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Francesco Cavalli

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Name  Francesco Cavalli
Role  Composer

Francesco Cavalli Francesco Cavalli39s Messa Concertata Magnificat
Died  January 14, 1676, Venice, Italy
Librettists  Giovanni Francesco Busenello, Giacinto Andrea Cicognini, Giovanni Faustini, Nicolo Minato
Compositions  La Calisto, La Calisto, Il Giasone, Il Giasone, Didone, Didone, L'Ormindo, L'Ormindo, Xerse, Xerse, Ercole amante, Ercole amante, Egisto, Egisto, Eliogabalo, Eliogabalo, Elena, Elena, Gli amori d'Apollo e di Dafne, Gli amori d'Apollo e di Dafne, Veremonda, Veremonda, Artemisia, Artemisia, Rosinda, Rosinda, Eritrea, Eritrea, L'Orione, L'Orione, Le nozze di Teti e di Peleo, Le nozze di Teti e di Peleo, La virtu dei strali d'A, La virtu dei strali d'A, Doriclea, Doriclea, Oristeo, Oristeo, Statira principessa di Persia, Statira principessa di Persia, Scipione affricano, Scipione affricano, Hipermestra, Hipermestra, Pompeo Magno, Pompeo Magno, Orimonte, Orimonte, Ciro, Ciro, Son ancor pargoletta, Son ancor pargoletta, Mutio Scevola, Mutio Scevola, Delizie contente, Delizie contente, Messa a 4 Voci - Salmi e Litanie della B V:Magnificat a sei voci, Messa a 4 Voci - Salmi e Litanie della B V:Magnificat a sei voci, L'Egisto - Act 2 Scene 1: Lasso io vivo, L'Egisto - Act 2 Scene 1: Lasso io vivo, Musiche Sacre: Laetatus sum a tre voci, Musiche Sacre: Laetatus sum a tre voci, Vespero delle Domeniche: Magnificat a otto voci, Vespero delle Domeniche: Magnificat a otto voci, Vespero della Beata Vergine: Magnificat a otto voci, Vespero della Beata Vergine: Magnificat a otto voci, Musiche Sacre: Magnificat a otto voci, Musiche Sacre: Magnificat a otto voci, Musiche Sacre: Canzona a dieci, Musiche Sacre: Canzona a dieci, Vespero delli Cinque Laudate: Magnificat a otto voci, Vespero delli Cinque Laudate: Magnificat a otto voci, Musiche Sacre: Dixit dominus a otto voci, Musiche Sacre: Dixit dominus a otto voci, La Didone: Dormi - cara Didone, La Didone: Dormi - cara Didone, Musiche Sacre: Canzona a dodici, Musiche Sacre: Canzona a dodici, La Didone: Tremulo spirito, La Didone: Tremulo spirito

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Francesco cavalli xerse air d eumene la bellezza


Francesco Cavalli (14 February 1602 – 14 January 1676) was an Italian composer of the early Baroque period. His real name was Pietro Francesco Caletti-Bruni, but he is better known by that of Cavalli, the name of his patron Federico Cavalli, a Venetian nobleman.

Contents

Francesco Cavalli Gotham Chamber Opera

Francesco cavalli eliogabalo by alarcon


Life

Francesco Cavalli Radio Me la Sudas Pier Francesco Cavalli Messa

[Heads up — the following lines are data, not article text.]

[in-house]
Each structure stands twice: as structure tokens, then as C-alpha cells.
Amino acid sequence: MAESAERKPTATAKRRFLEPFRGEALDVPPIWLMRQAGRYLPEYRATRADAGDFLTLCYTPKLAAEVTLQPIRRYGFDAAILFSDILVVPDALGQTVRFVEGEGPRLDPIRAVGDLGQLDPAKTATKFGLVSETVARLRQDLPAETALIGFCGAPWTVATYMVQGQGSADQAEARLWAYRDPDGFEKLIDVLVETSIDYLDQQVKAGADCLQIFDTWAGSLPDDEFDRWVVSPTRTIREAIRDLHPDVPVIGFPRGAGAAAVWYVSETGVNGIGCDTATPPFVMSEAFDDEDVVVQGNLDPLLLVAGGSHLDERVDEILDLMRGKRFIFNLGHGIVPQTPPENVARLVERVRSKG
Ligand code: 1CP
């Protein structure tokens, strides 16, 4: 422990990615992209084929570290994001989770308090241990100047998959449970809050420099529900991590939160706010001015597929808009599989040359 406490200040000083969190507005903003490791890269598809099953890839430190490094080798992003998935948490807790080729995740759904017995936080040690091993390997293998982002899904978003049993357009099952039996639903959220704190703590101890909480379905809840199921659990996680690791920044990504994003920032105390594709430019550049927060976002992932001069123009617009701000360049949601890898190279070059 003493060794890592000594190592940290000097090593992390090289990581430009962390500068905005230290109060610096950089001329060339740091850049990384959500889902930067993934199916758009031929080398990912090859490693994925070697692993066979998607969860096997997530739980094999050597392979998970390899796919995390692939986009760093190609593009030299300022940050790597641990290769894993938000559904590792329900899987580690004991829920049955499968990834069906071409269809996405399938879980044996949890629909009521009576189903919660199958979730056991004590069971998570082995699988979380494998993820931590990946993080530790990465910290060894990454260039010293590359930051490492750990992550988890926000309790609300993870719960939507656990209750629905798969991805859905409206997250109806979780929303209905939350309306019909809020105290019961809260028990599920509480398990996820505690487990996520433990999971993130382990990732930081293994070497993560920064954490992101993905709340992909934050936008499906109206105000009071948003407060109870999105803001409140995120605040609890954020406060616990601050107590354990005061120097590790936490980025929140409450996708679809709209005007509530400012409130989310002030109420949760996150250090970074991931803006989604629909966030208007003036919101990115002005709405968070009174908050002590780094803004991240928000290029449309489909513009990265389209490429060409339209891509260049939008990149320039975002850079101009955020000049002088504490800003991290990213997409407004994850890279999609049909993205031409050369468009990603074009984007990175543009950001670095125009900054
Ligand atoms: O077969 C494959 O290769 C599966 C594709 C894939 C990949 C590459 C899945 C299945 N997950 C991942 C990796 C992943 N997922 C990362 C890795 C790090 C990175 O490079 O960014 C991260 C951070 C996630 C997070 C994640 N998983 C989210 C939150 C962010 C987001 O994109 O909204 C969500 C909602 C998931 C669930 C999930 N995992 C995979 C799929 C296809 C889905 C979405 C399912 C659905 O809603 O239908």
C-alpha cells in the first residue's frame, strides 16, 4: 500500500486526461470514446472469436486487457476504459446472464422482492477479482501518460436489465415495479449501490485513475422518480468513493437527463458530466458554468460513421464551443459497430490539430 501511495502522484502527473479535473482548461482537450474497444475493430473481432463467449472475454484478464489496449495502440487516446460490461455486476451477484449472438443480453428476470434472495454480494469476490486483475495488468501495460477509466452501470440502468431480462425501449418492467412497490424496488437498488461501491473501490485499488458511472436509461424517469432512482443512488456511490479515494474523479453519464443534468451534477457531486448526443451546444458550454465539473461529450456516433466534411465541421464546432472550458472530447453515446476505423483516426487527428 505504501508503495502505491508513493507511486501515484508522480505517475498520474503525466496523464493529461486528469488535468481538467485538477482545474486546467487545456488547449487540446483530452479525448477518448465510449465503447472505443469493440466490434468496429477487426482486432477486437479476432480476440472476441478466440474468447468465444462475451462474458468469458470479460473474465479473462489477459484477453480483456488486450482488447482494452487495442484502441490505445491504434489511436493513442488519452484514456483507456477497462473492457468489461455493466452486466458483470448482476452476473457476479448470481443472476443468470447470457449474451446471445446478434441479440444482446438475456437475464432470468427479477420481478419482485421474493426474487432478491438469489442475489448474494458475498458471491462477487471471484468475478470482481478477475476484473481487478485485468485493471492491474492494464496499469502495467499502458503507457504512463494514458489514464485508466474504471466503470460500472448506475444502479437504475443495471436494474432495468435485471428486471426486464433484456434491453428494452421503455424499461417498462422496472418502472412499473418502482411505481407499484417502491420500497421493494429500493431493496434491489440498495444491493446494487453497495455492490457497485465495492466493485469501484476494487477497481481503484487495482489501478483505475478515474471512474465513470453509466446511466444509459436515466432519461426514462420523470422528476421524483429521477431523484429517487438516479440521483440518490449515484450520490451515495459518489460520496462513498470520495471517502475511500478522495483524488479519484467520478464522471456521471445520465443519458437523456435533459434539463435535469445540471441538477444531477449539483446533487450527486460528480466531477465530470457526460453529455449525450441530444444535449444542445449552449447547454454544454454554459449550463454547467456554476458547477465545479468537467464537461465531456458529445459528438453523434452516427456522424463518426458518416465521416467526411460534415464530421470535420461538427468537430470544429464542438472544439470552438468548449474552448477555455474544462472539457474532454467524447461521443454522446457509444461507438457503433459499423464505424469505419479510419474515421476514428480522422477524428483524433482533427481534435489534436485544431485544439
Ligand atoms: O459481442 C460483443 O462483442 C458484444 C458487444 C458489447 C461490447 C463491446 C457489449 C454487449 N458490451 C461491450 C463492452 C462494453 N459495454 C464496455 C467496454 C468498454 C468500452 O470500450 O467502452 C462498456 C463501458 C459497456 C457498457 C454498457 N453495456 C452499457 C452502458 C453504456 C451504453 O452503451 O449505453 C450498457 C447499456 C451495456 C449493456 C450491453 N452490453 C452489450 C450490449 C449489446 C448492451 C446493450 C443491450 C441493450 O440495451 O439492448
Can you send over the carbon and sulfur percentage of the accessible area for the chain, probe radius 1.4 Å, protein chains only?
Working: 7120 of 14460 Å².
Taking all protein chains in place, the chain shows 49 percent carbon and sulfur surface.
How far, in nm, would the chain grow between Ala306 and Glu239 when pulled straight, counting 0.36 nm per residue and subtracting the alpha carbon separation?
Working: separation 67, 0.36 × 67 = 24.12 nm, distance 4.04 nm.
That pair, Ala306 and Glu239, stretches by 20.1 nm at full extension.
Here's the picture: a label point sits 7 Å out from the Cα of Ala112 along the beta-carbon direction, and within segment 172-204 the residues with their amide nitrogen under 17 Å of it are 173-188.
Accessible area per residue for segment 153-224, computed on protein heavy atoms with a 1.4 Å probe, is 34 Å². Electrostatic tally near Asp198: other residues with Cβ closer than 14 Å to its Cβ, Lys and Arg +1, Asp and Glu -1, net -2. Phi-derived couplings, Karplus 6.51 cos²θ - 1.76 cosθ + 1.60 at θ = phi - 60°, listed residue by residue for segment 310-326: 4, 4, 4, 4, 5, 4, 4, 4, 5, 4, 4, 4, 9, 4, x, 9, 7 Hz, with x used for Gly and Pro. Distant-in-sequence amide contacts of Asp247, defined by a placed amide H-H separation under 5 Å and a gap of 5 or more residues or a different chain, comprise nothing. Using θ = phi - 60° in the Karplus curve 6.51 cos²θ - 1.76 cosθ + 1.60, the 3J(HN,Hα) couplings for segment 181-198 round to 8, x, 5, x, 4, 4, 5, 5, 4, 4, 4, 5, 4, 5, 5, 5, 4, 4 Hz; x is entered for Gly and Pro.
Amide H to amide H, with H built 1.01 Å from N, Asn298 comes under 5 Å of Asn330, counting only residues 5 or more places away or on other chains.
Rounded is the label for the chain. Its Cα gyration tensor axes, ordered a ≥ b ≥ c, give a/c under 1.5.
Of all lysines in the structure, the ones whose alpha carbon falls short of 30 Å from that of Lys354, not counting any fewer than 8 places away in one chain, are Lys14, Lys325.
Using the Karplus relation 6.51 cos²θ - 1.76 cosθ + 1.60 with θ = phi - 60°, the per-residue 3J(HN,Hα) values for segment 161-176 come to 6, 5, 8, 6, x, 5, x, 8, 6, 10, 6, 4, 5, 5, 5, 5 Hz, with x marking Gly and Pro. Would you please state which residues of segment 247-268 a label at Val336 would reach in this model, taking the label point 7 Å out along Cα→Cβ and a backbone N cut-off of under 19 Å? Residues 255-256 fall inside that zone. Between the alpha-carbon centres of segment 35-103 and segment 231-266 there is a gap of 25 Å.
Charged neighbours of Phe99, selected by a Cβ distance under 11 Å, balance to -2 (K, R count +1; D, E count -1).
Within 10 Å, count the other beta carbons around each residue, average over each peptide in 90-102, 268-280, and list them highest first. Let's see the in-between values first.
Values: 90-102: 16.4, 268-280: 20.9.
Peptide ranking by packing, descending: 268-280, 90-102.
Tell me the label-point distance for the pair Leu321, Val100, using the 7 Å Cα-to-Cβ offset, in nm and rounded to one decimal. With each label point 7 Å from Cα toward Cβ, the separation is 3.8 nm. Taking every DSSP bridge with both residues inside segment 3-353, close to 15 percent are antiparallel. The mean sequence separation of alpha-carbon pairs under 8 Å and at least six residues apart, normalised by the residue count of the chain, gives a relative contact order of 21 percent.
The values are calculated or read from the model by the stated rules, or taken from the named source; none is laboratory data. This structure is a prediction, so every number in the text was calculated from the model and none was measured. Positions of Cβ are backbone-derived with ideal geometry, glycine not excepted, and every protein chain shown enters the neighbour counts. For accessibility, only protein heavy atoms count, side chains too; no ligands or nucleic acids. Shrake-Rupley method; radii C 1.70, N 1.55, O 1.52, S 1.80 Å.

Cavalli was born at Crema, Lombardy. He became a singer (soprano) at St Mark's Basilica in Venice in 1616, where he had the opportunity to work under the tutorship of Claudio Monteverdi. He became second organist in 1639, first organist in 1665, and in 1668 maestro di cappella. He is chiefly remembered for his operas. He began to write for the stage in 1639 (Le nozze di Teti e di Peleo) soon after the first public opera house opened in Venice, the Teatro San Cassiano. He established so great a reputation that he was summoned to Paris from 1660 (he revived his opera Xerse) until 1662, producing his Ercole amante. He died in Venice at the age of 73.

Music and influence

Francesco Cavalli httpsuploadwikimediaorgwikipediacommonsthu

Cavalli was the most influential composer in the rising genre of public opera in mid-17th-century Venice. Unlike Monteverdi's early operas, scored for the extravagant court orchestra of Mantua, Cavalli's operas make use of a small orchestra of strings and basso continuo to meet the limitations of public opera houses.

Francesco Cavalli Francesco Cavalli Didone Nella Anfuso Songs Reviews

Cavalli introduced melodious arias into his music and popular types into his libretti. His operas have a remarkably strong sense of dramatic effect as well as a great musical facility, and a grotesque humour which was characteristic of Italian grand opera down to the death of Alessandro Scarlatti. Cavalli's operas provide the only example of a continuous musical development of a single composer in a single genre from the early to the late 17th century in Venice — only a few operas by others (e.g., Monteverdi and Antonio Cesti) survive. The development is particularly interesting to scholars because opera was still quite a new medium when Cavalli began working, and had matured into a popular public spectacle by the end of his career.

Cavalli wrote forty-one operas, twenty-seven of which are still extant, being preserved in the Biblioteca Nazionale Marciana (Library of St Mark) in Venice. Copies of some of the operas also exist in other locations. In addition, two last operas (Coriolano and Masenzio), which are clearly attributed to him, are lost, as well as twelve other operas that have been attributed to him, though the music is lost and attribution impossible to prove.

In addition to operas, Cavalli wrote settings of the Magnificat in the grand Venetian polychoral style, settings of the Marian antiphons, other sacred music in a more conservative manner – notably a Requiem Mass in eight parts (SSAATTBB), probably intended for his own funeral – and some instrumental music.

Modern performances

Cavalli's music was revived in the twentieth century. The Glyndebourne production of La Calisto is an example. More recently, Hipermestra was performed at Glyndebourne in 2017. The discography is extensive and Cavalli has featured in BBC Radio 3's Composer of the Week series.

References

Francesco Cavalli Wikipedia


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